From FreedomFest 2010 held in Las Vegas, a panel discussion on the impact of Ayn Rand and her work with former Rand associates Nathaniel Branden and Barbara Branden, Ayn Rand biographer Anne Heller, and writer Orson Scott Card.

Provocative discussion, despite the frustrating cross-talk around the philosophical definition of altruism as espoused by Rand. The Branden’s accepted the polarity of “self over others” versus “others over self” as mutually-exclusive objectives without precluding the possibility of certain acts of kindness perpetrated by the selfish (or “enlightened self-interested”). Mackey and Card, on the other hand, read into Atlas Shrugged in particular an artificial and unnecessary polarity posed between selfishness and altruism. To paraphrase Card: A society comprised of those who would not die for it would soon be conquered by a society of those that would.

There’s a real-world progressive orientation on the part of Mackey and Card that sounds well-meaning, though devoid of the disciplined philosophical rhetoric of the Brandens. Barbara Branden’s outbursts concerning our supposed plunge into Socialism under Obama discredited her otherwise reasonable arguments, however. First, how is it not in the enlightened self-interest of the haves to structurally improve the lives of the have-nots? And second, with due respect to the current Katrina anniversary, what’s the alternative?

Peter Beinart, “The Icarus Syndrome,” interviewed by Mike Allen | BookTV

In “The Icarus Syndrome,” Peter Beinart discusses how each American generation’s perception of war is shaped by the times in which they came of age.  Americans who grew up in prosperous peaceful times are more inclined to think of U.S. military success as a foregone conclusion, while those who lived through tumultuous times are less likely to favor U.S. military action.  Mr. Beinart tests his theory by examining the World War I era, the Vietnam era and the present wars on Iraq and Afghanistan.  He’s interviewed by Mike Allen of The Politico.


From Milton to MySpace: “The Death of the Book” Debate Rages On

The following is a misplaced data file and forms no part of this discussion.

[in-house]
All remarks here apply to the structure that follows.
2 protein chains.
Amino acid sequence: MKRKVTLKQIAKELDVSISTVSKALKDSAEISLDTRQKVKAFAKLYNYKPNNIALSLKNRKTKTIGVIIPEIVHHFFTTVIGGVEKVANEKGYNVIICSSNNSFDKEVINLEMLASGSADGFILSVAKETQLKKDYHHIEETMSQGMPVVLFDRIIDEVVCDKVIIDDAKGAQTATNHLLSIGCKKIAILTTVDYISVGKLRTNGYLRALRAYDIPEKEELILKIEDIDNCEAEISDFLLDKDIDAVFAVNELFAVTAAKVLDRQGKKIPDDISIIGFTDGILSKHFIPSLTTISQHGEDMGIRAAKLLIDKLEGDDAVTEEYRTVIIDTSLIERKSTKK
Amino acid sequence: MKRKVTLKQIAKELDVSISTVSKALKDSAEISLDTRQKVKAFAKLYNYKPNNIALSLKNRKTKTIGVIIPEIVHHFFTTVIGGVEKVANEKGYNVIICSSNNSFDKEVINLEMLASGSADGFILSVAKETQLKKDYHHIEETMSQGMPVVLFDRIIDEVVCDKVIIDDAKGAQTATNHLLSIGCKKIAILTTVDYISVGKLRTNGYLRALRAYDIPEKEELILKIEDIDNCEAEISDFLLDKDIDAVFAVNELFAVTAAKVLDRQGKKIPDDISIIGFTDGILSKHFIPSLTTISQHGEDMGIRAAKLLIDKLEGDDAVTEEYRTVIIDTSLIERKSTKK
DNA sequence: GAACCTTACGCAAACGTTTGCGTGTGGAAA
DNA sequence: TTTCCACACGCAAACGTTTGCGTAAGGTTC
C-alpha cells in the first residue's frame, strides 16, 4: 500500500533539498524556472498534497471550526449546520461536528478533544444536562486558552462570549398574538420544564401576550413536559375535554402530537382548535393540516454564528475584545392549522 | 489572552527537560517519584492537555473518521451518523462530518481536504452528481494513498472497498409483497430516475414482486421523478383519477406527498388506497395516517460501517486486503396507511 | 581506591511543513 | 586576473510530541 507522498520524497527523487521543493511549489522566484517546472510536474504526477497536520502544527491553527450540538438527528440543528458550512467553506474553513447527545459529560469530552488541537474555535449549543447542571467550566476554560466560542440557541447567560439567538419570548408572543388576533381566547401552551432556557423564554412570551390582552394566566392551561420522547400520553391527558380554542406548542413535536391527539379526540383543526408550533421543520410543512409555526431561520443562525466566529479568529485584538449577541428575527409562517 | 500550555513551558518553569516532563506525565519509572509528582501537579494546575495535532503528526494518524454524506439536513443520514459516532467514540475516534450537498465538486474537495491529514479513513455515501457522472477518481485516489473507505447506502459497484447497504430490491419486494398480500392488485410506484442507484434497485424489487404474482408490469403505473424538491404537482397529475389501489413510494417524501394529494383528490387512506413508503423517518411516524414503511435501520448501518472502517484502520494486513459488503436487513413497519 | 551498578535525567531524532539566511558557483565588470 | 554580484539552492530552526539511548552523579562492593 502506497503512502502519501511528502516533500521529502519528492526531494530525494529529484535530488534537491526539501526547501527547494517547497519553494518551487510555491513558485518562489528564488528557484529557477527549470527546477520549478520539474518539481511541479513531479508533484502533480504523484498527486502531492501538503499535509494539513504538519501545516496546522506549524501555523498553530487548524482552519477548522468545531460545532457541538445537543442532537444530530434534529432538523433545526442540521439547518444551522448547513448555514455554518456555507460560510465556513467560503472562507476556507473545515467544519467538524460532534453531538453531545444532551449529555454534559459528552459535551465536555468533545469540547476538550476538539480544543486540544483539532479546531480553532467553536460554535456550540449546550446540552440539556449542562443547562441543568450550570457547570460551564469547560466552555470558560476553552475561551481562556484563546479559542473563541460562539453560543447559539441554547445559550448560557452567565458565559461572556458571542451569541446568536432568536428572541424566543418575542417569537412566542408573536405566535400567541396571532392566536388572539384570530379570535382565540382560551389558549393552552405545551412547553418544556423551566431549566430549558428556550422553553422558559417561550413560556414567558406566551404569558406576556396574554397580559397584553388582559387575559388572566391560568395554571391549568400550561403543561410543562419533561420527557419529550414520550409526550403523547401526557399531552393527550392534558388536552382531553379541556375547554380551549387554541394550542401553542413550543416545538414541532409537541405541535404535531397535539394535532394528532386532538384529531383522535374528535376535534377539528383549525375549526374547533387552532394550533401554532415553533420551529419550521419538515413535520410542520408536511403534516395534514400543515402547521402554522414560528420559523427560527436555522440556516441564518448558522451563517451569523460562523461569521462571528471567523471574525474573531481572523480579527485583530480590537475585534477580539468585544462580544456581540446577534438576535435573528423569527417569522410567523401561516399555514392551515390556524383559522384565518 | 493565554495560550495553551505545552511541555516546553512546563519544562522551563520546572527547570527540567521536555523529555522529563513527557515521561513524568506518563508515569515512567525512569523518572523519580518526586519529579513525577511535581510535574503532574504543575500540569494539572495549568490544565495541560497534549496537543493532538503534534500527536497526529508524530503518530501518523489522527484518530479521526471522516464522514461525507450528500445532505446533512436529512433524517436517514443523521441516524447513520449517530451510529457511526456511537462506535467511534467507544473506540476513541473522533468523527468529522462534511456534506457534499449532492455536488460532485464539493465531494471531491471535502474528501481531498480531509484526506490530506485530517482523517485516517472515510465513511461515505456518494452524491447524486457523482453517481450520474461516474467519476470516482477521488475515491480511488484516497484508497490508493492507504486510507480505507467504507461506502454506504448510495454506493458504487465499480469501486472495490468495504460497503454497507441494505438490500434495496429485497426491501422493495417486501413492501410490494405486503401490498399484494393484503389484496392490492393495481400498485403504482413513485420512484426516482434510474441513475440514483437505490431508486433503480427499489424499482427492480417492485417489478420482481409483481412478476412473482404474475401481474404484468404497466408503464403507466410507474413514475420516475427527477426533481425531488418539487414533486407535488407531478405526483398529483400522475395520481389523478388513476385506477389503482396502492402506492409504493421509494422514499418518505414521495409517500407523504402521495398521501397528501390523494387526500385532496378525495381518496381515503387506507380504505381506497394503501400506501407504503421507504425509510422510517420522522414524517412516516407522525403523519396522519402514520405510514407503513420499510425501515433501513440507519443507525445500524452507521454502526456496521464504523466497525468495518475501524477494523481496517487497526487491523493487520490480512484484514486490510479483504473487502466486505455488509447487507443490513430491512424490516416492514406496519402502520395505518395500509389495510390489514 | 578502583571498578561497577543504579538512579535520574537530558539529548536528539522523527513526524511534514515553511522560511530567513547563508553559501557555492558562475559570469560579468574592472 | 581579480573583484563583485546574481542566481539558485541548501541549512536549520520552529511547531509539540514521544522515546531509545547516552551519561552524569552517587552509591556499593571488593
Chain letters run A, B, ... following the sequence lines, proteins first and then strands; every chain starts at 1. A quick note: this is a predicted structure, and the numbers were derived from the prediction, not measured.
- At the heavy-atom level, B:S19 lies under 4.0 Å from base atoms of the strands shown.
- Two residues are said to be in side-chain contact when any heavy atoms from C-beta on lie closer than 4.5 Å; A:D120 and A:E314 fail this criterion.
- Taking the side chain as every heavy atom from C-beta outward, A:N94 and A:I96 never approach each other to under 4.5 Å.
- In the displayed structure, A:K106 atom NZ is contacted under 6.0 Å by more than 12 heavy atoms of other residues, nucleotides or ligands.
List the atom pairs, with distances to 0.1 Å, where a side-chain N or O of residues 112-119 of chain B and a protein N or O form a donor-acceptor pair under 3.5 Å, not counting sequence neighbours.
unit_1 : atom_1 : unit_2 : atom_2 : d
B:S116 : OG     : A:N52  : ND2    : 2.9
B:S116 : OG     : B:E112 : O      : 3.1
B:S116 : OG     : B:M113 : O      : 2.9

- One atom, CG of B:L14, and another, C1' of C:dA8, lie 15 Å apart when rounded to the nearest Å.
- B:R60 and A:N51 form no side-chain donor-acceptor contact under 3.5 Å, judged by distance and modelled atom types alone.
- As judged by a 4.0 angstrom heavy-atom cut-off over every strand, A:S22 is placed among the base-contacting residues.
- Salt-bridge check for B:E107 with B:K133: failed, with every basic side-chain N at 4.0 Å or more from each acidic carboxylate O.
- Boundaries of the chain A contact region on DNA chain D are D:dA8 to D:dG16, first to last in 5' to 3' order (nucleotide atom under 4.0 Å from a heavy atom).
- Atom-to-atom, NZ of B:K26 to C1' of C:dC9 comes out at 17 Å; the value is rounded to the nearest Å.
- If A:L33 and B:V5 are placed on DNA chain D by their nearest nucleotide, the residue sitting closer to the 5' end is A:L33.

Alan Wall’s A Defence of the Book, and especially it’s ongoing comment parade, make for interesting reading. It takes the debate to the summer of ’07 anyway: I tell you this pendulum swings like the stock markets nowadays. (For context, read more about Wall.) While it occurred to me that Wall and several in his audience confused the steps in the data-information-knowledge-wisdom hierarchy, a few actually hit the nail on the head:

What is getting under my skin about this post is that it is couched in terms of a high-minded respect for education and intelligence, when it is in fact a confused conflation of information with its medium, and a snobbish and reactionary attack on the democratic dissemination of knowledge.

Wall began his article with an attack on a conference presenter (with “digitally endowed pockets” no less) predicting the end of the book. And while I wasn’t there myself, I feel fairly comfortable in asserting that neither this “Gizmo Gus” nor any other e-vangelists out are announcing the end of literature. By the end of the article, I began to feel bad for this guy. He’s shooting the messenger. In the interest of full transparency, I’ll offer that I only read the first paragraph before printing the article “for closer reading.” My defense, if I may think out loud for a moment, is not that I can’t read closely online—how many web annotating tools and PDF annotating tools and even audio annotating tools are there now, a bazillion?—I’ve just developed over the years a guerrilla approach to screen reading. It’s necessary for the work I do (as I’m sure it is to many) to extract the bullets from large quantities of data so that I may act on it. If I want to read Paradise Lost, surely I’ll read a book. But, having turned its final leaf, is not my contemplation of the work—that rational coming to terms with its effect—simply the minds attempts to bullet-ize? Perhaps then the Web is the great rational plains and books are emotional boats. Until the electronic book truly arrives (I think this is a “when” and not an “if”), we as travelers must let destination dictate vehicle.